Date of Graduation

8-2013

Document Type

Thesis

Degree Name

Master of Science in Human Environmental Science (MS)

Degree Level

Graduate

Department

General Human Environmental Sciences

Advisor

Glenda Revelle

Committee Member

Mechelle Bailey

Second Committee Member

Vernoice Baldwin

Third Committee Member

Jennifer Henk

Abstract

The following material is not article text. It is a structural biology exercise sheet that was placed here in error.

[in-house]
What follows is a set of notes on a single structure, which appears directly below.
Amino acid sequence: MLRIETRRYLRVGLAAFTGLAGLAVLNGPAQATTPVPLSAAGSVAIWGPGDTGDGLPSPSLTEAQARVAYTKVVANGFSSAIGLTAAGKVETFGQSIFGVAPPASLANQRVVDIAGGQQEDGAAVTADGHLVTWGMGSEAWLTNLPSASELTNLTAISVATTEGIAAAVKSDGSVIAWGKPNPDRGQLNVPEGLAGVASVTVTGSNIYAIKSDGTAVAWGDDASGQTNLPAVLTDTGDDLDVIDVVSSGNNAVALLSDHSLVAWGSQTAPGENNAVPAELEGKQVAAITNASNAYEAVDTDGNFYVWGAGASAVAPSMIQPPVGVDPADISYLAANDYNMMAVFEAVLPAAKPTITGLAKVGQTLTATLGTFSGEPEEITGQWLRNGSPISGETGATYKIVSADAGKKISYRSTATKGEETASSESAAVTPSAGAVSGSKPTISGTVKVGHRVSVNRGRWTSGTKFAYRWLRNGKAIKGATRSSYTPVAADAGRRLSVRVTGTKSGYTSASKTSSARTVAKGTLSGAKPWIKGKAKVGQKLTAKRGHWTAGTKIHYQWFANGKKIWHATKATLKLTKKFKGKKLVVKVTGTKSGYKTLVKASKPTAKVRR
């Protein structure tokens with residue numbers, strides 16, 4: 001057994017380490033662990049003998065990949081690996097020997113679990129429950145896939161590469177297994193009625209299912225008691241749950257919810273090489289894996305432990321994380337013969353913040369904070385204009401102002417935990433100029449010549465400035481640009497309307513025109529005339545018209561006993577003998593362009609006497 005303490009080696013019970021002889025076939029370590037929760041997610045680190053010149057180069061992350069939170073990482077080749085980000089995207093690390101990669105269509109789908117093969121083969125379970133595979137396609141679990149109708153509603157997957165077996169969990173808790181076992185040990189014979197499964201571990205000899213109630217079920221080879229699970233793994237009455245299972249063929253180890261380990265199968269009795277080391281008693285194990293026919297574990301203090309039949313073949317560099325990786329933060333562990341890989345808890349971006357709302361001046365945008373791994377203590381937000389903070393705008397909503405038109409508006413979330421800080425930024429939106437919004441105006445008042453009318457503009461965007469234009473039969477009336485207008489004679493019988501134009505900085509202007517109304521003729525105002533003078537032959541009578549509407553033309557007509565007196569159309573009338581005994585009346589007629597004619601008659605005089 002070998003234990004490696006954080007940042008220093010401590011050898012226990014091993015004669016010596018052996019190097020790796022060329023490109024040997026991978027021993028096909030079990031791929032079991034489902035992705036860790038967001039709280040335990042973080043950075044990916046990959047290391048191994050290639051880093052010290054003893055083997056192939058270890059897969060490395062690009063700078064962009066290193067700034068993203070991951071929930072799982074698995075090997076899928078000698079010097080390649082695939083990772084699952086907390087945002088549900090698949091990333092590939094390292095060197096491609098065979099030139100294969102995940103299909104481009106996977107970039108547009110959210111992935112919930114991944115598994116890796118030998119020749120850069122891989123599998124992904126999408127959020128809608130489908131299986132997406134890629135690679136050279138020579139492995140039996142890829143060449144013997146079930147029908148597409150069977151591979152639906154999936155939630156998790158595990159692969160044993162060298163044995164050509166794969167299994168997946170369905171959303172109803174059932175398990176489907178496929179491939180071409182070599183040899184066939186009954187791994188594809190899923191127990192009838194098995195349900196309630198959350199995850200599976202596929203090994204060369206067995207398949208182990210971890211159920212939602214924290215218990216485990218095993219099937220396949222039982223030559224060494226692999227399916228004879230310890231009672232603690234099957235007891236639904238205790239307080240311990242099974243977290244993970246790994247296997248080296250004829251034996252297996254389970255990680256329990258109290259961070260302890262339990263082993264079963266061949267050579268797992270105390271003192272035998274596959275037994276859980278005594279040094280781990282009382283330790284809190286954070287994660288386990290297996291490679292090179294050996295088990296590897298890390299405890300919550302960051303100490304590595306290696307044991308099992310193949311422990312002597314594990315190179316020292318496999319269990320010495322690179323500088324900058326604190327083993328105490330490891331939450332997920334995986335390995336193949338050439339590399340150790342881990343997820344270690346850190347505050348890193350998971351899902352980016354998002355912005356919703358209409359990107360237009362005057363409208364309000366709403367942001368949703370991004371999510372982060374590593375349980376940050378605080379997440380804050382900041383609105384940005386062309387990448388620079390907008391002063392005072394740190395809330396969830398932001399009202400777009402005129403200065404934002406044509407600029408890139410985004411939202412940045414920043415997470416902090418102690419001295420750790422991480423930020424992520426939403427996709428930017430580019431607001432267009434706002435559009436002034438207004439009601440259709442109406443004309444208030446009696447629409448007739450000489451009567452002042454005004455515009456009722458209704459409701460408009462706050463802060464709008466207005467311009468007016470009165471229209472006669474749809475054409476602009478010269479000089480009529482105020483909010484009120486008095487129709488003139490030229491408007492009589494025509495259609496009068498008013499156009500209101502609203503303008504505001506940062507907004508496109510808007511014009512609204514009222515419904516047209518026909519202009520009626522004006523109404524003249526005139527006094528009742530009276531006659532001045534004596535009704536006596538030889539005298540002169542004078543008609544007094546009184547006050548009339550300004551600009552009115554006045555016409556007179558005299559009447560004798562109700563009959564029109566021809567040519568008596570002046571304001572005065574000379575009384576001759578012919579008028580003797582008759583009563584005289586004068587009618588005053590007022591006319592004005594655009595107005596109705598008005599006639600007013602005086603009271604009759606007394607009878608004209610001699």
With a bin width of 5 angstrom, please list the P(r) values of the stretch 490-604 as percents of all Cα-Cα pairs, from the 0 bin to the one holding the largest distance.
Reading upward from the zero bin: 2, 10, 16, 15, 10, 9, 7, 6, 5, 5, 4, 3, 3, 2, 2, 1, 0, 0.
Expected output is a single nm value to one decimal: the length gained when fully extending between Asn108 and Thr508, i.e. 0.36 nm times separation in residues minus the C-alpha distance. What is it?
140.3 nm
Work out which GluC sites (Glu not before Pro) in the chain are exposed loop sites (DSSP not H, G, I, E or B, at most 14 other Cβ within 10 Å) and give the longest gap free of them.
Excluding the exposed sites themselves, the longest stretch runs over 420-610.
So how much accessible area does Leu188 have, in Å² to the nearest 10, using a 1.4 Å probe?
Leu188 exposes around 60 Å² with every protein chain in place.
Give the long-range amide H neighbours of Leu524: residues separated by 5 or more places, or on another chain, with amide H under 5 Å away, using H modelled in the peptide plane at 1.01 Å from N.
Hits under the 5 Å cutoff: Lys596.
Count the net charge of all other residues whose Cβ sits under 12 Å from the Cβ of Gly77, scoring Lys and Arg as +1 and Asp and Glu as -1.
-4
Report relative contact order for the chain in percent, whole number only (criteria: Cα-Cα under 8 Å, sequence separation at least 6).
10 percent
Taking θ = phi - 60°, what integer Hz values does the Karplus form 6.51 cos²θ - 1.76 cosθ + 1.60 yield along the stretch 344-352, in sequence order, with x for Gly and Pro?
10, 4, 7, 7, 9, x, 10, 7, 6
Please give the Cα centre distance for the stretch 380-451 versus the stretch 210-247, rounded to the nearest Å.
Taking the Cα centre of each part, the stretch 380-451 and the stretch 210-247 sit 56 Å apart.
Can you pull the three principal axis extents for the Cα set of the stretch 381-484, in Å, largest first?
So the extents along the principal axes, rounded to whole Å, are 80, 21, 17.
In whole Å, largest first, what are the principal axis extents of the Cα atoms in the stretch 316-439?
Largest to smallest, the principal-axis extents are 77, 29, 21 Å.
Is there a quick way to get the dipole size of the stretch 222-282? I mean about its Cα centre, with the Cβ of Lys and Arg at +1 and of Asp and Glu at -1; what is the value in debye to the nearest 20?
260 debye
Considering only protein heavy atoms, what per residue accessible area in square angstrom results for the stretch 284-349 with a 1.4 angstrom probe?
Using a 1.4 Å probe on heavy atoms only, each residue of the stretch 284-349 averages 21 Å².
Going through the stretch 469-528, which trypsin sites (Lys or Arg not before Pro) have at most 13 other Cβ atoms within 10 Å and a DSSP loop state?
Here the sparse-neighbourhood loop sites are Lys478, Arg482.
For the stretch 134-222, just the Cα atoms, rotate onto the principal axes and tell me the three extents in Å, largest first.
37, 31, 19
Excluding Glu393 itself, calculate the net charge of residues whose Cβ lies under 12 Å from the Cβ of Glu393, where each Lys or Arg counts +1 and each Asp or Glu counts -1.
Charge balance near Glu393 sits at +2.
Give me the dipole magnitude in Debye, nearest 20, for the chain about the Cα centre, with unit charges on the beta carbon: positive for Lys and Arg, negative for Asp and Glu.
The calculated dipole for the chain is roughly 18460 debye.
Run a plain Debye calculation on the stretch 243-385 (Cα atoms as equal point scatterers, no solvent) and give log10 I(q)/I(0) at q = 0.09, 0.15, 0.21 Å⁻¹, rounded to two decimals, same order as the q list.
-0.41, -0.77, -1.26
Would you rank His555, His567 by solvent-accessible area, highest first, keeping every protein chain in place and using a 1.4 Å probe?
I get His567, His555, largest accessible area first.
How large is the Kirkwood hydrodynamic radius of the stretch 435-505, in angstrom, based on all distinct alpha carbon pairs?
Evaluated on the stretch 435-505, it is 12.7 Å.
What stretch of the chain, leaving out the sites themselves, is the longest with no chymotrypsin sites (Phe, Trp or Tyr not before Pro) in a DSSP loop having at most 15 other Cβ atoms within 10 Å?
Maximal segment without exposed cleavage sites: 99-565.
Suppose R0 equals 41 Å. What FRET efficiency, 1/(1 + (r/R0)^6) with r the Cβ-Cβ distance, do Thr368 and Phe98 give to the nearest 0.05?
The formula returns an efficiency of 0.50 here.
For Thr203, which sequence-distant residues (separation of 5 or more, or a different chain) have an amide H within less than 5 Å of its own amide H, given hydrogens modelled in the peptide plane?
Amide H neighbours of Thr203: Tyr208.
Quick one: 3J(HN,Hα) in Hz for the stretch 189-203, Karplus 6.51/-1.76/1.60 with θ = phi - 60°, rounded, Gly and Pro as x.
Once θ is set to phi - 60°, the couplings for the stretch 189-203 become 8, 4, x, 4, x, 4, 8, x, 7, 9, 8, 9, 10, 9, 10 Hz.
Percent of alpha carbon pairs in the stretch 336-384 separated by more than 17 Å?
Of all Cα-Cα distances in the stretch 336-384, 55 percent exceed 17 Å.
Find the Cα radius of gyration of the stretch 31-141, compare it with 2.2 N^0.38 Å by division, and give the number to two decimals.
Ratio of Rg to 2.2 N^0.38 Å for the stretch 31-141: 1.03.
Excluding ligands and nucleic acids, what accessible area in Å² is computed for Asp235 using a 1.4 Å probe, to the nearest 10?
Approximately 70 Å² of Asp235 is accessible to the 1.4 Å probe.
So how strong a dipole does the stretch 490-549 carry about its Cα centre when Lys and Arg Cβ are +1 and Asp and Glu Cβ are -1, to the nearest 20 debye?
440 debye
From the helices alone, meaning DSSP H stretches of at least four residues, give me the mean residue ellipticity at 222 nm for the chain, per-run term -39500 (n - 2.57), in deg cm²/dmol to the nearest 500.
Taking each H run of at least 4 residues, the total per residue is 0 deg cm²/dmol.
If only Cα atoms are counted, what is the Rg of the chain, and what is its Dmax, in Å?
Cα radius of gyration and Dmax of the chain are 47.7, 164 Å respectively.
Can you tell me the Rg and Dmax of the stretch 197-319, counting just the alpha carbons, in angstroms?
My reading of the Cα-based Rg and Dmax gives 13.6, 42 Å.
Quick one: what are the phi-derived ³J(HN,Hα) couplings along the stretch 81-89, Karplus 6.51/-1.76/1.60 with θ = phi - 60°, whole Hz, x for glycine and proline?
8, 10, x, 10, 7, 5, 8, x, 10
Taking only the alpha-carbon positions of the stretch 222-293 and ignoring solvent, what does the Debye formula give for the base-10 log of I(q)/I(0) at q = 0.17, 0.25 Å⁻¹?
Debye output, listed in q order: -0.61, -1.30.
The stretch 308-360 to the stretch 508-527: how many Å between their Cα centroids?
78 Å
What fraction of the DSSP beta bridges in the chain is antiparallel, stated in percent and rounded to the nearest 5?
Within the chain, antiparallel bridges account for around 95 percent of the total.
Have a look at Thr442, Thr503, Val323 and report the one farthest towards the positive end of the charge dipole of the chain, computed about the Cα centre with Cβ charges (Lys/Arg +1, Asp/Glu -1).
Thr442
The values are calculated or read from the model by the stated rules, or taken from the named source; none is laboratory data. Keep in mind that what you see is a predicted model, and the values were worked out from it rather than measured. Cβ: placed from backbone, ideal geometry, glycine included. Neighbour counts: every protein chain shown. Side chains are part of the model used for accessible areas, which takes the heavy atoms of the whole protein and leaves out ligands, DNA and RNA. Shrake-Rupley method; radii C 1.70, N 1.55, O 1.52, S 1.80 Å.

This research looked at the potential impact that parent education may have on the feeding practices of parents of young children. Since eating behaviors are a national concern for both children and adults, it's important to examine how we can create not just healthier children but, as a result, healthier adults. This study utilized an intervention that was an adapted version of a healthy eating curriculum created by Sesame Workshop and the California WIC association with the intention of improving parental feeding practices through a behavior-based approach. Previous research with this curriculum has addressed only low-income populations, with a relatively long-term (6 months) intervention. The current study examined the effects of a relatively short-term (one month) intervention on the feeding behaviors of a middle-class, highly educated sample. This intervention implemented in this study was found to significantly increase positive parental feeding practices -- specifically, parental involvement in encouraging balanced and varied diets for children, creating healthy environments and access to healthy foods, and behaviors supportive of child control. This intervention also led to an increased variety of fruits consumed as well as an increased consumption of fresh fruits and vegetables by the families involved.

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